A lot or a little?
The parents' guide to what's in this movie.
What parents need to know
Parents need to know that this American Girl movie, McKenna Shoots for the Stars, is based on the doll company's Girl of the Year and offers girls (and boys) several positive messages about family, friendship, and the importance of getting help when you need it. Throughout her story, McKenna learns valuable lessons about what it takes to overcome unexpected hurdles, whether they're physical like a broken limb or emotional, like the embarrassment of needing a tutor to improve in language arts.
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What's the story?
McKenna (Jade Pettyjohn) is a fourth-grade gymnast who loves nothing more than competing for her club's team with her best friend Toulane (Ysa Penarejo). But when her grades start to slip and she's caught looking around during a test, McKenna's teacher suggests that her parents (Nia Vardalos, Ian Ziering) enlist the help of a tutor, Josie (Kerris Dorsey). Just as things couldn't get any worse for McKenna, she falls and hurts herself during a competition, winding up in a cast for eight weeks. Unhappy with her tutoring and inability to prepare for a spot on the Olympic training team, McKenna acts sulky and defeated. Josie, who's in a wheelchair, shows McKenna that if she applies hers gymnastics-honed discipline and determination to her tutoring sessions, there's nothing she can't accomplish.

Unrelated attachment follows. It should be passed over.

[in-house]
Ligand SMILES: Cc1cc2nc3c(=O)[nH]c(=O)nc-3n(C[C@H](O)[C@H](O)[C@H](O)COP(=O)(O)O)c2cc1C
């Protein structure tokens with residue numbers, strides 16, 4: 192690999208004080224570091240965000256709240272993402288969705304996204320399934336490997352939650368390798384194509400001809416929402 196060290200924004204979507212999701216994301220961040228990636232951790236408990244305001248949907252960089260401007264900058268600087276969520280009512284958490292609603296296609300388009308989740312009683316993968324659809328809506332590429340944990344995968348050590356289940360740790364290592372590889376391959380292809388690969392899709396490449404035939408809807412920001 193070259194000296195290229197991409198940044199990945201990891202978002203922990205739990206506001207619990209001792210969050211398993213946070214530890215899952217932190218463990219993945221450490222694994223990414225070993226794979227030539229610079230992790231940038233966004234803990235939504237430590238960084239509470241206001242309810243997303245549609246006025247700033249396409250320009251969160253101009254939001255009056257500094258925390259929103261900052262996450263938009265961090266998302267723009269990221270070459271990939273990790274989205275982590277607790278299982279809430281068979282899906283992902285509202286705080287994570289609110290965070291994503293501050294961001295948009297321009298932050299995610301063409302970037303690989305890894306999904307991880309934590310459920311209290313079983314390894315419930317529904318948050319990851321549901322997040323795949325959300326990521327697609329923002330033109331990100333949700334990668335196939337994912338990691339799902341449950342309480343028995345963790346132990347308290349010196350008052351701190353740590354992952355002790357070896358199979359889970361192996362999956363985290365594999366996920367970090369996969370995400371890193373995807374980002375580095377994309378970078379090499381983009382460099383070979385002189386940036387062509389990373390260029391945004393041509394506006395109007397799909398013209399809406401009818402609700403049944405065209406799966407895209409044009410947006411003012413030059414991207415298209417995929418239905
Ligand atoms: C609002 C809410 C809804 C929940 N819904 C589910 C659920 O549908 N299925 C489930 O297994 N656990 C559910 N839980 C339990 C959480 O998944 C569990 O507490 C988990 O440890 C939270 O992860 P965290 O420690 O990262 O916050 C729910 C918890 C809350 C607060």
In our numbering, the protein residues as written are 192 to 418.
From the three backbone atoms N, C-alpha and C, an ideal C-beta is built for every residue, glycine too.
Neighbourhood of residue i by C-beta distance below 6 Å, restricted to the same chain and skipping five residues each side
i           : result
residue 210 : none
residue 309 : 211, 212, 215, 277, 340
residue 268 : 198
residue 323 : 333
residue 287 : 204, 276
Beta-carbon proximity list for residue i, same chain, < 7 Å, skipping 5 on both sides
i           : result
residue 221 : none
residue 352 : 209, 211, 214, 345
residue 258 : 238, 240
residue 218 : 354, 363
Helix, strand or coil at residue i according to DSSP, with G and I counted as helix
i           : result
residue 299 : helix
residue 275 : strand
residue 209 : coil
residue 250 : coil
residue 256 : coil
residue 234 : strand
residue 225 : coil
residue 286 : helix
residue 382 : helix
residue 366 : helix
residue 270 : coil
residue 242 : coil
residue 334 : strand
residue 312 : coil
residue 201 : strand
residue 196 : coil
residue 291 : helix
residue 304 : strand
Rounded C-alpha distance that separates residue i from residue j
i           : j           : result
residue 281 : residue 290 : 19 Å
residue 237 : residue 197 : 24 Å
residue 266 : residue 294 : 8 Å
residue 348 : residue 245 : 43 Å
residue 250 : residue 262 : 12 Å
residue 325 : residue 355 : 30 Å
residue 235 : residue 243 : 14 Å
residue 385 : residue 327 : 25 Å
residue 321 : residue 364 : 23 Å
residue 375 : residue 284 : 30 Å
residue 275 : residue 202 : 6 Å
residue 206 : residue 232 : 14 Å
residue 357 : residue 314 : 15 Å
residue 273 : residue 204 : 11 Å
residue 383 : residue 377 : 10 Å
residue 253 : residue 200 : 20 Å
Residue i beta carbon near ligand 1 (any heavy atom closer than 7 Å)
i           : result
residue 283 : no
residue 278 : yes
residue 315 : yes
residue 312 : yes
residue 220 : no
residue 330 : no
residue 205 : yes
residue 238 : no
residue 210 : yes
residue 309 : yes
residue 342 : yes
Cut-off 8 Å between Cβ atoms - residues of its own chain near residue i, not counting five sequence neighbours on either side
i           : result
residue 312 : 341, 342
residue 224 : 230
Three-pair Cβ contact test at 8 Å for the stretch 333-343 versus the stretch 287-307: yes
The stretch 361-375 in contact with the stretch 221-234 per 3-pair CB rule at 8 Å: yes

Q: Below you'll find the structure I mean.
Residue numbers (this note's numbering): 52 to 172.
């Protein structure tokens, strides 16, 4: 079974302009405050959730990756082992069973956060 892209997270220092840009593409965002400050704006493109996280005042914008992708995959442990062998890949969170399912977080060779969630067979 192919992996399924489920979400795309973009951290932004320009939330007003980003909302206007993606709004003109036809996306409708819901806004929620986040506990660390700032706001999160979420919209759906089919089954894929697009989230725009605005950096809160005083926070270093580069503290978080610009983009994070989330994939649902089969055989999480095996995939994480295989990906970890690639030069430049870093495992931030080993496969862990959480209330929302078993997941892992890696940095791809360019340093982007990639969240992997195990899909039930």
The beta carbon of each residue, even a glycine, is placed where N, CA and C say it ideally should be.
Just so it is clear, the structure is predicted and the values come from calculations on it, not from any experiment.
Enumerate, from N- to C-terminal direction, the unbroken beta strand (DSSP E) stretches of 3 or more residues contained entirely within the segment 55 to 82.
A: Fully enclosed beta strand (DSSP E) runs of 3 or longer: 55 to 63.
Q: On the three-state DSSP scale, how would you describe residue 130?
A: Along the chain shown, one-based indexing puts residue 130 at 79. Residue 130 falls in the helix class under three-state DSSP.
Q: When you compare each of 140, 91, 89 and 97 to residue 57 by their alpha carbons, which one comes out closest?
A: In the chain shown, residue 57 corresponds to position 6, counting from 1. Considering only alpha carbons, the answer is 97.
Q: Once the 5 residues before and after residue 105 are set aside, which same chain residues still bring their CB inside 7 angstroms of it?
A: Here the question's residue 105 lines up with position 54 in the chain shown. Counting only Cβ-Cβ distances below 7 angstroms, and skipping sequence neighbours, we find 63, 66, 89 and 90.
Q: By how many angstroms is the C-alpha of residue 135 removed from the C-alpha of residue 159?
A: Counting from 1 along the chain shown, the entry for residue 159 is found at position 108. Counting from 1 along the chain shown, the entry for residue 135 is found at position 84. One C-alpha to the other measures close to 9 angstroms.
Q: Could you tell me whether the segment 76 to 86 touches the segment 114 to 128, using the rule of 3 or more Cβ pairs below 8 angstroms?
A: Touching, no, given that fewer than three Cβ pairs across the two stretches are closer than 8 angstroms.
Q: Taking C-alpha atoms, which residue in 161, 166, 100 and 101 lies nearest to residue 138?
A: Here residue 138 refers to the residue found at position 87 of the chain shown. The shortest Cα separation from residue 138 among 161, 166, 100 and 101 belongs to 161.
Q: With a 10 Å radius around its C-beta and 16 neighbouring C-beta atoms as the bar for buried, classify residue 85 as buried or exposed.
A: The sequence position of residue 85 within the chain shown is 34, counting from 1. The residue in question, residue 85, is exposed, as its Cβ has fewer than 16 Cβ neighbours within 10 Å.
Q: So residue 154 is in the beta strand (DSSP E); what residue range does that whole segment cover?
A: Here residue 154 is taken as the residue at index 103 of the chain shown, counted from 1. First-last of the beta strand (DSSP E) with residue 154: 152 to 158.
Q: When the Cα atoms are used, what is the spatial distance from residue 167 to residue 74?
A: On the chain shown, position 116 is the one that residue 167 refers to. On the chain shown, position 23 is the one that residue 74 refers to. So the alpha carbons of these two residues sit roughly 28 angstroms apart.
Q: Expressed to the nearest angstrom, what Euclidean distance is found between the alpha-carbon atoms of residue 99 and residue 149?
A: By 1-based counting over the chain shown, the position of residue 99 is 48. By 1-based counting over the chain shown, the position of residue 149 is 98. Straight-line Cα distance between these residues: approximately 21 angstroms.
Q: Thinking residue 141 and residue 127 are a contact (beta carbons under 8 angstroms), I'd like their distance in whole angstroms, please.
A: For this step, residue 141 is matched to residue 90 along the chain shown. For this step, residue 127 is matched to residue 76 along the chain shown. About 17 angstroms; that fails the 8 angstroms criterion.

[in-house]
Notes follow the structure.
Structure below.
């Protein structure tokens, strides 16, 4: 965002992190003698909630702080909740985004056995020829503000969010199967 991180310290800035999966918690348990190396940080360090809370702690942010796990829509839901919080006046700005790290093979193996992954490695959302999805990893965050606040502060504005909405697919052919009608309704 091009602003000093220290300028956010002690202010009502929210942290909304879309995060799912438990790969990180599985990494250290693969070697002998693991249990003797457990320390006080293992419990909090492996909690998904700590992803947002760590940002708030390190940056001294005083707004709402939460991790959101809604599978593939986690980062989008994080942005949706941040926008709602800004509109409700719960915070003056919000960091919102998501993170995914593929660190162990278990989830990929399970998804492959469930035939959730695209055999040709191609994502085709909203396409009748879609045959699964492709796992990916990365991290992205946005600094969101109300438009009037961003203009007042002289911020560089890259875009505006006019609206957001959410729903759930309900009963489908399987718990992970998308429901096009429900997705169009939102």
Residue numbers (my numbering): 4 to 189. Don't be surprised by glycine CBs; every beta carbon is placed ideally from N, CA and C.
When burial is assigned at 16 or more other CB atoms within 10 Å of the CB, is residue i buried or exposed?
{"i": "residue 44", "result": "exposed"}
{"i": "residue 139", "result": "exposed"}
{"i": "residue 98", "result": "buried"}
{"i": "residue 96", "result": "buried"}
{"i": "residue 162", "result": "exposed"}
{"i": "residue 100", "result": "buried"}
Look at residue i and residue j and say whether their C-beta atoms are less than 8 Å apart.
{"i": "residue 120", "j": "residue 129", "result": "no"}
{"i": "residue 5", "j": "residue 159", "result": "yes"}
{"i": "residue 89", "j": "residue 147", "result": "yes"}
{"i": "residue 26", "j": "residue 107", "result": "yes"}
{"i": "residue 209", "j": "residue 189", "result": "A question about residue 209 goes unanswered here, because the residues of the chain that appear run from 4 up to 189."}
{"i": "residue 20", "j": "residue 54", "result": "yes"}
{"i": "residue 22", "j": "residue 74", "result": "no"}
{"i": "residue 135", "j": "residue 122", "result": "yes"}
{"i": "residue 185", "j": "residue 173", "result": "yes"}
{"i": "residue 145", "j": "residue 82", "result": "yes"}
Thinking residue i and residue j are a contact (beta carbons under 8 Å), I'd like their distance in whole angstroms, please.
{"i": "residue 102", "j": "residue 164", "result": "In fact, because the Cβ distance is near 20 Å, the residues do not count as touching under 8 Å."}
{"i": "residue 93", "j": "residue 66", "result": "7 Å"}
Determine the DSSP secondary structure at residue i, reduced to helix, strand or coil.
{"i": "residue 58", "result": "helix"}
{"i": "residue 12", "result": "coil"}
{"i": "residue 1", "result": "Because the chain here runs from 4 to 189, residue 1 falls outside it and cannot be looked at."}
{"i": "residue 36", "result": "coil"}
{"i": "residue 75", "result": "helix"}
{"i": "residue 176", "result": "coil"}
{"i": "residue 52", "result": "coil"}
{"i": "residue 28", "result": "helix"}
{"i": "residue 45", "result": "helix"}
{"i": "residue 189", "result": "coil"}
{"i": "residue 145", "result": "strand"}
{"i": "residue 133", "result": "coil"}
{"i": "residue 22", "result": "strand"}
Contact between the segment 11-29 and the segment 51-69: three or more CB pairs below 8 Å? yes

Is it any good?
AN AMERICAN GIRL: MCKENNA SHOOTS FOR THE STARS is a surprisingly sweet and empowering tale, particularly for young girls (regardless of whether they have an American Girl doll or not). Although McKenna's story provides many inspiring lessons, the movie isn't overly preachy or maudlin. There's a believable dramatic tension in all of McKenna's relationships, especially her growing rapport with Josie and her emotional disagreements with her BFF Toulane. Pettyjohn is a talented and expressive young actress, as is Josie, who's played with the same impressive nuance that Dorsey employed as Brad Pitt's daughter in Moneyball.
The only quibble with the movie's narrative is that it introduces Toulane's hyper-competitive and critical mother (Paula Rivera) but doesn't expand on that subplot until a couple of lines at the end of the film. Otherwise, this is exactly the kind of heartwarming movie that makes for a perfect sleepover or play date pick for tween girls. The movie's themes empower kids to see beyond the superficial and to recognize that there's nothing wrong with needing a little bit of help -- whether from your family, friends, or a tutor -- to better yourself and "shoot for the stars."
Talk to your kids about ...
Families can talk about the way the movie depicts McKenna's learning and Josie's physical disabilities. How can kids learn from the way McKenna and Josie handle their personal challenges?
How is Toulane's relationship with her mother different than McKenna's? What does McKenna's mom teach her about following your passion and asking for help when you need it?
Does McKenna Shoots for the Stars seem like a tie-in to the American Girl doll, or would it be good even without the American Girl in the title? Does the connection to the brand make you more likely to watch the movie?
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Common Sense Media's unbiased ratings are created by expert reviewers and aren't influenced by the product's creators or by any of our funders, affiliates, or partners.